Perdue told about three-dozen supporters during a campaign stop in this Atlanta suburb that he’s feeling the momentum. The day before, Kingston greeted diners at the Varsity drive-in and also expressed confidence.
The poll for Morris News and Fox5 of Atlanta shows Kingston with 43 percent and Perdue with 41, essentially tied since the difference falls within the 2.7 percent margin of error. Another 17 percent remain undecided.
InsiderAdvantage conducted the survey by phone and online Monday, Tuesday and Wednesday among 1,278 likely voters or those who have already voted early.
Perdue, a retired corporate executive and political newcomer, came in first in the May primary with Kingston second out of a seven-candidate field. But the candidates who finished third and fourth, Karen Handel and Phil Gingrey, have since endorsed Kingston as have a handful of his congressional colleagues and newspapers around the state.
Independent polls reported Kingston with a double-digit lead in the weeks following the primary, apparently benefiting from a fleeting “bump” from news of the endorsements while Perdue had no TV ads on the air. Perdue spent that time replenishing his campaign war chest, and will report raising about $1 million and adding more of his own cash in figures to be reported late Thursday.
“You talk about this polling, that’s totally consistent with what we’re hearing around the state,” Perdue said. “It’s a tight race. ... The main thing I like is our momentum that we’re feeling in the last three or four weeks. I feel it out here on the stump.”
Kingston said Perdue is out of touch with voters, especially Republicans.
“Someone who is running for the U.S. Senate and has never voted in the Republican primary until his name is on the ballot, that takes chutzpah, if nothing else,” Kingston said.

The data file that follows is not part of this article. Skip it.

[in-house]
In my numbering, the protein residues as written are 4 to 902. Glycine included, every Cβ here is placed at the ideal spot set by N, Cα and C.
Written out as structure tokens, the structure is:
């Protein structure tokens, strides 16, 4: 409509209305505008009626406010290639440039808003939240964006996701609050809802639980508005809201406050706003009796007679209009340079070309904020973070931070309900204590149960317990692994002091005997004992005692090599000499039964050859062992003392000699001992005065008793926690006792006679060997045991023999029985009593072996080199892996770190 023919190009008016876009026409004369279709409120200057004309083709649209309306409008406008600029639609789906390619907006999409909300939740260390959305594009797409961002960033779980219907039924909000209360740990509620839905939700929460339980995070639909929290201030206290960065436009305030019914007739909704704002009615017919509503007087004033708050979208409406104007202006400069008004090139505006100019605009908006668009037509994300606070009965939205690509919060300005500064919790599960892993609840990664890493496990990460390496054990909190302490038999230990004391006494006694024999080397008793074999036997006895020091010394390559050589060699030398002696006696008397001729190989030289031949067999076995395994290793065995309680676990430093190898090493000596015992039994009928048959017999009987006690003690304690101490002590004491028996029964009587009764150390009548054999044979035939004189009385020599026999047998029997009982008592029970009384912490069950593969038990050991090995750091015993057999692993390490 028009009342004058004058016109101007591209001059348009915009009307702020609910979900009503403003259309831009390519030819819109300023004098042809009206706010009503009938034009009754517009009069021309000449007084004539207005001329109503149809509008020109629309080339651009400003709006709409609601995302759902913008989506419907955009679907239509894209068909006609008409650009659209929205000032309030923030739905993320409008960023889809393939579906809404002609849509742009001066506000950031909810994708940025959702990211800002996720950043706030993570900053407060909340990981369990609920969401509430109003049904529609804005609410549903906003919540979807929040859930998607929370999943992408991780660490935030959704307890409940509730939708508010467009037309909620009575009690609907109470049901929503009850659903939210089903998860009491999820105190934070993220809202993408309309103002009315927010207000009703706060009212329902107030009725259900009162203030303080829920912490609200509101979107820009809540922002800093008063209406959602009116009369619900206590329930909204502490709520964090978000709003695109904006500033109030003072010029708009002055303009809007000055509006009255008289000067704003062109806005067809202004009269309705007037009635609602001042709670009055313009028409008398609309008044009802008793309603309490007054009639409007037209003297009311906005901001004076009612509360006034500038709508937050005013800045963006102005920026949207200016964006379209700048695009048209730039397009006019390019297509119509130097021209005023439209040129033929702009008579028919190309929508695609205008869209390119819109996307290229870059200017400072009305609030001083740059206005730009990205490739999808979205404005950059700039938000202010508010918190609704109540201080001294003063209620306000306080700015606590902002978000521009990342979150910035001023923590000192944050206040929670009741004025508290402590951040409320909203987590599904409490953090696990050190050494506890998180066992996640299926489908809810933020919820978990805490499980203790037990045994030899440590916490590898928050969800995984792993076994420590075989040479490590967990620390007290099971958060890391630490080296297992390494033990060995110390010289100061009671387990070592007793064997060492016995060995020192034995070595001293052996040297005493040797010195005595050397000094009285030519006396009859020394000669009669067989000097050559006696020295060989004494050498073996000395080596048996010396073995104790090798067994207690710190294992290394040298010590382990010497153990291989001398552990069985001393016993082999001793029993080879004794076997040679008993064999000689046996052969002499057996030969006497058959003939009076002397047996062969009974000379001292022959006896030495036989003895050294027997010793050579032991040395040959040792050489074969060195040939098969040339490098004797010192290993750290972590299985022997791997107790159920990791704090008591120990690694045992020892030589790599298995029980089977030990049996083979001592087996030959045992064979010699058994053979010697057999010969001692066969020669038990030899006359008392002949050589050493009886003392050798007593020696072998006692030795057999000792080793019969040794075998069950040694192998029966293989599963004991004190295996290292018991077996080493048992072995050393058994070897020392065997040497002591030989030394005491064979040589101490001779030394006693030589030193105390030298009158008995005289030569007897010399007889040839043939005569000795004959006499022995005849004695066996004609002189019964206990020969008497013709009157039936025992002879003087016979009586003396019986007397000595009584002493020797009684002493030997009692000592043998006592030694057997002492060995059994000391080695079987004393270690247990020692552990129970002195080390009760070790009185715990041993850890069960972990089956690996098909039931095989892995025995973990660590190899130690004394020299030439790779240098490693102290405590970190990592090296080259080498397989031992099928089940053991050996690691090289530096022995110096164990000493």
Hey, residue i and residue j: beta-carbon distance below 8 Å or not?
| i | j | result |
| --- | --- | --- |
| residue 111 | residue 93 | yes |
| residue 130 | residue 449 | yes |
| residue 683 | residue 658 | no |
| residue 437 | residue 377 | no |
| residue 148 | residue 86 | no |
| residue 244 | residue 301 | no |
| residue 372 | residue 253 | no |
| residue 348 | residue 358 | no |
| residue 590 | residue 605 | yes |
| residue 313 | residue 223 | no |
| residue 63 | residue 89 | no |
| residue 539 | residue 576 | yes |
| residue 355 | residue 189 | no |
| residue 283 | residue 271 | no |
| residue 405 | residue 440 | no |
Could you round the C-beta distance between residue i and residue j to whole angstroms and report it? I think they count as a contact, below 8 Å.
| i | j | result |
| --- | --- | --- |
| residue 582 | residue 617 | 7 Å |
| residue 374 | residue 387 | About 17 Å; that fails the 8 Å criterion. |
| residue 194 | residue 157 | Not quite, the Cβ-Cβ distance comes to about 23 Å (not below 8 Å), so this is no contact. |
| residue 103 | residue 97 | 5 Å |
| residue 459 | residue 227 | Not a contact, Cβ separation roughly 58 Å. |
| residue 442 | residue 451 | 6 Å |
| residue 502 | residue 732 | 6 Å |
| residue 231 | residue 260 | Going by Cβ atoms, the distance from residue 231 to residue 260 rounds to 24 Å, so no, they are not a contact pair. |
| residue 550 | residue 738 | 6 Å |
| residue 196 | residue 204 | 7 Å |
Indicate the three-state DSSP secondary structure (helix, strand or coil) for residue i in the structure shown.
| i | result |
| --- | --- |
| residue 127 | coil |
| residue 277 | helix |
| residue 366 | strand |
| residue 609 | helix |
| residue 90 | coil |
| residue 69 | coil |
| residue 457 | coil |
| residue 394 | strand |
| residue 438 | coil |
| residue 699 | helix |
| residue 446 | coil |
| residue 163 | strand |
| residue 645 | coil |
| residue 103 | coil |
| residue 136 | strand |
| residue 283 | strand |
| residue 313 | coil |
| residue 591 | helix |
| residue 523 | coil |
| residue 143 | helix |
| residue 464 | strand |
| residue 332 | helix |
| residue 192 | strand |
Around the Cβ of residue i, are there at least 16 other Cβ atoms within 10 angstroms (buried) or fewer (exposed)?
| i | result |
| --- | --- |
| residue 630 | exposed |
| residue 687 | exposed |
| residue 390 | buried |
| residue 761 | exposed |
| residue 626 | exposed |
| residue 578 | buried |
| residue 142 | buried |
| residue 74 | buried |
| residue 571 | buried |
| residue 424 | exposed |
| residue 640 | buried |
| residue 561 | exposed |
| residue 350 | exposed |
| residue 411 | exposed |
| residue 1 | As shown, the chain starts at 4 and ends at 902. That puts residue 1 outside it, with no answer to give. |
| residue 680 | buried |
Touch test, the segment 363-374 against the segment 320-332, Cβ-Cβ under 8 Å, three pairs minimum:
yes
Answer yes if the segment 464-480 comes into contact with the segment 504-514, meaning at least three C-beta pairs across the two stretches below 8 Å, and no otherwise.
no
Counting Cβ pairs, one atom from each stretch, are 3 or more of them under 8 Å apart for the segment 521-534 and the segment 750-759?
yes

Perdue has resumed the attack ads against Kingston, hammering on votes in Congress over spending and budget earmarks. Perdue and his staff say those are dragging down the 11-term Savannah congressman. Pollster Matt Towery of InsiderAdvantage speculates that news reports of Kingston’s acceptance -- and then return -- of $80,000 in money raised in December by a Palestinian businessman who is facing deportation for a criminal conviction.
Kingston said he did nothing wrong but takes campaign-finance rules seriously so he returned the money.
“There are a lot of attack ads that go on, and you don’t know which ones stick and which don’t. So you just keep moving forward,” he said.
Towery contends the ads attacking both candidates look so similar that the public is tuning them all out. However, news reports of the returned donations have more credibility and can be more damaging.
“While there has been no report of actual wrongdoing by Kingston, words like ‘investigation’ and the mention of institutions like the FBI have found their way into both print and broadcast news reports,” he said.
Towery credits Perdue with the greatest momentum in the race by eating away at the 11-point lead Kingston had enjoyed last month.
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